The lake, which has an area of 28 square kilometers, hosts plenty of wildlife — including frogs, tortoises, cormorants and Dalmatian pelicans. Winter in Kastoria usually lives up to its name and there is a good chance you will catch idyllic images of frozen or snow-capped tree branches hanging over the water. The setting is, in fact, perfect for an invigorating winter walk.
At the far end of the peninsula is the Mavriotissa Monastery, with fine frescoes both on the interior and exterior walls of the 11th-century church.
The road around the lake leads to the villages of Dispilio, Mavrovo and Polykarpi, in the midst of apple groves and worth a visit. For those eager for more exploration, the route to Mt Grammos is particularly rewarding, through pine and fir forest on impressive mountain slopes with fine views of the Aliakmonas River, Greece’s longest.
A shorter route, to Mt Vitsi, reveals a landscape full of color, fragrances and wild herbs. The area is also excellent for mushroom picking in spring and fall. Higher up, in the Korestia area, you’ll find several deserted villages, relics of a bygone era.
A good time to visit Kastoria is January 6-8, the time the town organizes Ragoutsaria, the main local festival and first carnival of the year.
Transport & useful info
Area telephone code: 24670. Olympic Airlines has flights on Sundays, Mondays, Wednesdays and Fridays. From the airport, at Argos Orestikou, you need a taxi. Kastoria is 570 kilometers from Athens, via Lamia, Trikala and Kozani, and 219 km from Thessaloniki via Kozani. In both cases, there is highway but also a good deal of tight turns and narrow stretches. Τhere are three intercity bus connections from Athens daily (210.515.2548) and seven from Thessaloniki (2310.595.440). Car rental: 84000.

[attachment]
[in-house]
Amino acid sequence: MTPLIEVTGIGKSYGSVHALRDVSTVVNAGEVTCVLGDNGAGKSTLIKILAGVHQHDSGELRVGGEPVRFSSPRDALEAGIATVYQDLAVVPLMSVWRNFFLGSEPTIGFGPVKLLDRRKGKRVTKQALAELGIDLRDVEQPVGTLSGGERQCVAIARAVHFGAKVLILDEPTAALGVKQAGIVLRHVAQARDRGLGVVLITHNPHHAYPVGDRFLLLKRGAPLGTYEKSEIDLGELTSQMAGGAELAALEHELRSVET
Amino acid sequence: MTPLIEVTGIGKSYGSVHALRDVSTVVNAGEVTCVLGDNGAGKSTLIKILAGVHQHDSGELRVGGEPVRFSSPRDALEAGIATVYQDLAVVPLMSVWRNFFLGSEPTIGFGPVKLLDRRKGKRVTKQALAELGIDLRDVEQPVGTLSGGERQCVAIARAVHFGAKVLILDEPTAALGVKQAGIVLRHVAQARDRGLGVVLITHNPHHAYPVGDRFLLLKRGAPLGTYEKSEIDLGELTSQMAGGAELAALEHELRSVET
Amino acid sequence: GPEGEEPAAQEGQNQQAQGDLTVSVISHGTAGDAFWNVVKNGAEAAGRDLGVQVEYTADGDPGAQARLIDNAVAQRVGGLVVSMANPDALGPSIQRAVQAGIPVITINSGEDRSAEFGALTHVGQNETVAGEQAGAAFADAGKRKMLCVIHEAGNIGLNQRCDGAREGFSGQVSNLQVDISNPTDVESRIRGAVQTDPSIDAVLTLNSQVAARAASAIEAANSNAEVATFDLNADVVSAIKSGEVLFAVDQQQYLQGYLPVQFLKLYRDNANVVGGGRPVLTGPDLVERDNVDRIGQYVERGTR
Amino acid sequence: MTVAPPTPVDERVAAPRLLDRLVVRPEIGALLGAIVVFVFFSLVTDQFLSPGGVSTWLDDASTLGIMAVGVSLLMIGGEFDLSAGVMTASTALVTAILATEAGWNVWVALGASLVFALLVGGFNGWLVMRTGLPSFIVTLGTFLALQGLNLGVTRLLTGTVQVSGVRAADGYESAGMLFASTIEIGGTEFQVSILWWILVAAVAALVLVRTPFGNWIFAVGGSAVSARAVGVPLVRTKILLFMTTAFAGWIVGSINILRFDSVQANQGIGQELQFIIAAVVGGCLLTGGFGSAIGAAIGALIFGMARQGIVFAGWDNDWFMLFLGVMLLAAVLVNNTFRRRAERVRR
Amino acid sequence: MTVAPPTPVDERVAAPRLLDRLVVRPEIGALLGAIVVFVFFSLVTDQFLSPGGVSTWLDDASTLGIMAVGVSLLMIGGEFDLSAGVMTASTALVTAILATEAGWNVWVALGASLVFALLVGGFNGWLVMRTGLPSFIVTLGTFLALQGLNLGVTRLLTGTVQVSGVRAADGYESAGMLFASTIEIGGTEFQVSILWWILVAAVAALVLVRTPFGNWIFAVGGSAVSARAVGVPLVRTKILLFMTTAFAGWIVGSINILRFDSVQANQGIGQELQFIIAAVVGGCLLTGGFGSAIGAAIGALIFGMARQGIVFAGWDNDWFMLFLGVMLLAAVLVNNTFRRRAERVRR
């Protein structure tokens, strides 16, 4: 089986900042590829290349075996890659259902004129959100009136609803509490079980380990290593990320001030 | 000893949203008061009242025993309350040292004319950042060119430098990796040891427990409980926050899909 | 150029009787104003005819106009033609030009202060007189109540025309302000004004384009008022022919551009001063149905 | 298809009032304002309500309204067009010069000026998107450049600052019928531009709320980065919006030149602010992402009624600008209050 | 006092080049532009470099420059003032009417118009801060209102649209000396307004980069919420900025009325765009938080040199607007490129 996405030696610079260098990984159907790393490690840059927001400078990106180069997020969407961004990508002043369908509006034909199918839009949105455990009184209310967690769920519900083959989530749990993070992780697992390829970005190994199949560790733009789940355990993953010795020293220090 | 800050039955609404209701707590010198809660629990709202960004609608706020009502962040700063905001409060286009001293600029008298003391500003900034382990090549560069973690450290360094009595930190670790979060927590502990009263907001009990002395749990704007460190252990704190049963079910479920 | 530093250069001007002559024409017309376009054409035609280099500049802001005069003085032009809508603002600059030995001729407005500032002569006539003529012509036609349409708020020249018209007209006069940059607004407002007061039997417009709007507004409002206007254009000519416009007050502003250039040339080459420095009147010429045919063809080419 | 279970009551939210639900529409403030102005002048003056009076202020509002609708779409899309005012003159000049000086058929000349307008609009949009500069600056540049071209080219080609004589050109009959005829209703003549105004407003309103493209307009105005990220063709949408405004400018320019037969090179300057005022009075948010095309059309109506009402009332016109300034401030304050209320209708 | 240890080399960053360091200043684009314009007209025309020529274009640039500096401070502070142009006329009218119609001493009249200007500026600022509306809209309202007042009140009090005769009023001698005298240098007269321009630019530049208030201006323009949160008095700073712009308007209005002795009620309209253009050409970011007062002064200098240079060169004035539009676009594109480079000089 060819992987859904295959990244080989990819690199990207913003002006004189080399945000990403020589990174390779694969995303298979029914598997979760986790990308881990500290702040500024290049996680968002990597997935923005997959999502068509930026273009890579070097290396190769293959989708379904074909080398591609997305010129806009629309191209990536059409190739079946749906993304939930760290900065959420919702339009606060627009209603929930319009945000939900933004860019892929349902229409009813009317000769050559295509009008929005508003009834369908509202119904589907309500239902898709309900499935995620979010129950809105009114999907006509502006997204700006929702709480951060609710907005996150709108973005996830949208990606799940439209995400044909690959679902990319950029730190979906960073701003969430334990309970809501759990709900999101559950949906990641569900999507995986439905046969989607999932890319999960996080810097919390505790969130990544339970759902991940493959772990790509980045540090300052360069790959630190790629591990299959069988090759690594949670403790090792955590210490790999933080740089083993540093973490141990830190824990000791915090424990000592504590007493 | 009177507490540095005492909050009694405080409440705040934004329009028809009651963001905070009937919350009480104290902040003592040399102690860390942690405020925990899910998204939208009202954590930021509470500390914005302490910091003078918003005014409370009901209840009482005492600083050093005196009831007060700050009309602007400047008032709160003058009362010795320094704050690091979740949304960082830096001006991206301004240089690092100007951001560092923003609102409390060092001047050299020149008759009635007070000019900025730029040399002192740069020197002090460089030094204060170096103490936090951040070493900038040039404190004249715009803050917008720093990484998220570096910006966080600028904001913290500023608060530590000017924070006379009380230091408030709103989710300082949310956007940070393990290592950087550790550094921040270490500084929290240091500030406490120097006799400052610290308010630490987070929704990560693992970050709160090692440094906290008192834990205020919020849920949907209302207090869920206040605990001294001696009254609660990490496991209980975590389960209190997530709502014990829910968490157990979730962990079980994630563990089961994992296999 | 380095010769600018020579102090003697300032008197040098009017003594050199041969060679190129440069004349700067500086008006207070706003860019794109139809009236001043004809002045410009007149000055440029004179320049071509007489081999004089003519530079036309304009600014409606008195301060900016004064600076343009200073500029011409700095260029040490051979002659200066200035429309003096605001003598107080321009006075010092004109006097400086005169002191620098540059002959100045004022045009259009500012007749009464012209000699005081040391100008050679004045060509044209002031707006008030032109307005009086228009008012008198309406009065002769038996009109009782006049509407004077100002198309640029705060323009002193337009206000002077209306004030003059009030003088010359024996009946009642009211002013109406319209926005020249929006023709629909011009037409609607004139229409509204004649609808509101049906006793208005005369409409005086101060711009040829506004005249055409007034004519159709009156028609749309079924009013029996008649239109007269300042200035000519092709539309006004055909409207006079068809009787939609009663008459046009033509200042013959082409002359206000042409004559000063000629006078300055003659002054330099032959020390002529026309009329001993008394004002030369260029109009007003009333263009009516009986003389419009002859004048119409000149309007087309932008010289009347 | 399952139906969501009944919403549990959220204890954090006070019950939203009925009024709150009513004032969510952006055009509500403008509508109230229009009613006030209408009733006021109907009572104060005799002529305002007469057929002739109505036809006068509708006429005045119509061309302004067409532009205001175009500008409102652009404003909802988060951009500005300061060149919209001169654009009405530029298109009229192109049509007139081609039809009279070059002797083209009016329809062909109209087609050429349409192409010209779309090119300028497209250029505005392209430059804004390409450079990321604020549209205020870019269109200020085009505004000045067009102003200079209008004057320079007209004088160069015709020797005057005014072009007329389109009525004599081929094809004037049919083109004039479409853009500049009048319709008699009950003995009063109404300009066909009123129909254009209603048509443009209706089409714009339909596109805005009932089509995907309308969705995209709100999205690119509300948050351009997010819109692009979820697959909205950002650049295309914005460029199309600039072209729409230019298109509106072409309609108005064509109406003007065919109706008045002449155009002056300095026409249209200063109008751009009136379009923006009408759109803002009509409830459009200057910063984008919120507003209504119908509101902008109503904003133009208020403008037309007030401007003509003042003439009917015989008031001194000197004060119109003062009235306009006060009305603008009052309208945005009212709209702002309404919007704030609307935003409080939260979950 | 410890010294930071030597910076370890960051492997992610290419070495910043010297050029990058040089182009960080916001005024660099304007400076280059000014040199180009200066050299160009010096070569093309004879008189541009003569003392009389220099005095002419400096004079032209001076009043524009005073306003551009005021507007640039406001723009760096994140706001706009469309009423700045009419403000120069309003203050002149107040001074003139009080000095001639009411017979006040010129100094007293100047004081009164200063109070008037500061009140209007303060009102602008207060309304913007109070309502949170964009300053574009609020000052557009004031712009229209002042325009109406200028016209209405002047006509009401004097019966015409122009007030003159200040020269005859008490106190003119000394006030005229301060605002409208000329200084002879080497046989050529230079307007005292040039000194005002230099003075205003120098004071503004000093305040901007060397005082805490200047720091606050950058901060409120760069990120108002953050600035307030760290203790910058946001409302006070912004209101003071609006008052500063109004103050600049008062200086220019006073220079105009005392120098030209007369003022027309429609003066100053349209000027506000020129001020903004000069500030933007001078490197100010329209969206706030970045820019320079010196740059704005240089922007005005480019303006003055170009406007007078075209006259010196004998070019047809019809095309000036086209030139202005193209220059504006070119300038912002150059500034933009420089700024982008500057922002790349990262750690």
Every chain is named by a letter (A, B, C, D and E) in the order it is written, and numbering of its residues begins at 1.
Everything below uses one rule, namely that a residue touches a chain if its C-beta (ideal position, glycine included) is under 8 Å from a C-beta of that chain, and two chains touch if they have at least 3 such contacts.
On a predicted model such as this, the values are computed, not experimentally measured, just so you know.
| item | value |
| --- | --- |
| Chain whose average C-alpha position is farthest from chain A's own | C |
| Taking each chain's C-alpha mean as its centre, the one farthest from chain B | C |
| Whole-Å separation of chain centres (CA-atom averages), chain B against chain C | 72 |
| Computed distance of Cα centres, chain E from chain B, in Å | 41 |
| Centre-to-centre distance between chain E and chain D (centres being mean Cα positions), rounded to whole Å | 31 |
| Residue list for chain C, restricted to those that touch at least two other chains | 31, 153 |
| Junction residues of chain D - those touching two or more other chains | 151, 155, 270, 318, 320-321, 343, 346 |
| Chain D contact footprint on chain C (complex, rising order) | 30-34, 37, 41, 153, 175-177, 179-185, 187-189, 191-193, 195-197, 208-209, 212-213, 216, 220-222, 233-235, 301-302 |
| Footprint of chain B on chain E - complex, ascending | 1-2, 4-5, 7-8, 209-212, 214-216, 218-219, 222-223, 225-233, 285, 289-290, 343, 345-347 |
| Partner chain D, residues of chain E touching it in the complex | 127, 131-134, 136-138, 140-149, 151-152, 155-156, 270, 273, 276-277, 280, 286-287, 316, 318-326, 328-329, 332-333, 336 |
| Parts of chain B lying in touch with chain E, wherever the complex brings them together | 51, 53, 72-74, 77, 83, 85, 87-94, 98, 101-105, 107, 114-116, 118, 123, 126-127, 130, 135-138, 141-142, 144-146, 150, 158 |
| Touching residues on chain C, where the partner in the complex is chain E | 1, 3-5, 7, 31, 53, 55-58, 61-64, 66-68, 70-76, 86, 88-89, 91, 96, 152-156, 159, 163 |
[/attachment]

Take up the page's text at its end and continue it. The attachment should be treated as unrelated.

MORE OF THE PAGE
Where to stay
Most hotels have good views of the lake: Archontiko Alexiou Vergoula (imposing traditional guesthouse, 23415, http://www.vergoulas.gr), Venetoula (homely neoclassical, 22446, http://www.venetula.gr), Limneon (outside town, modern design, 85111), Tsamis (classic hotel outside town, simple decor, 85344), Loggas (luxury, stone-built, 7 km from town, 72424), Aeidrosos Chloe (29721), Aiolis (21070), Aposkepos (21480, in the namesake village, owner gives traditional cooking lessons).
Where to eat
Casablanca: good Mediterranean cuisine, Tuesdays closed (80 Nikis); Katergo: friendly eatery in a former jail, in-house tsipouro distillery, low prices, Mondays closed (19 Oresteion); Doltso: an old furrier’s mansion, serves boar when available (2 Tsakali); Krontiri: local cuisine, good views (13 Orestiados). Cafes: Nautical Club: superb view of the lake, live bands in the evening, Mondays-Tuesdays closed (1 Sougaridi); Zaza: 1 M. Alexandrou; Lago: 53 M. Alexandrou; Domus: trendy bar (7 Ermou); Cohiba: 2 Orestion.
What to see & activities
Traditional Costumes Museum (25188); the Musical Instruments Construction and Study School (12 Aiditras) has live concerts at weekends; the 15-million-year-old petrified forest and other fossils at Nostimo village, 27 km south of Kastoria; the walls of ancient Dioklitianoupolis, outside Argos Orestikou; the spa baths at Ammoudara; the Environmental Education Center (23069, email@example.com); take a boat tour of the lake — Overland (6973.051.2131) and Escape Land (6997.162.395) organize outdoor sports.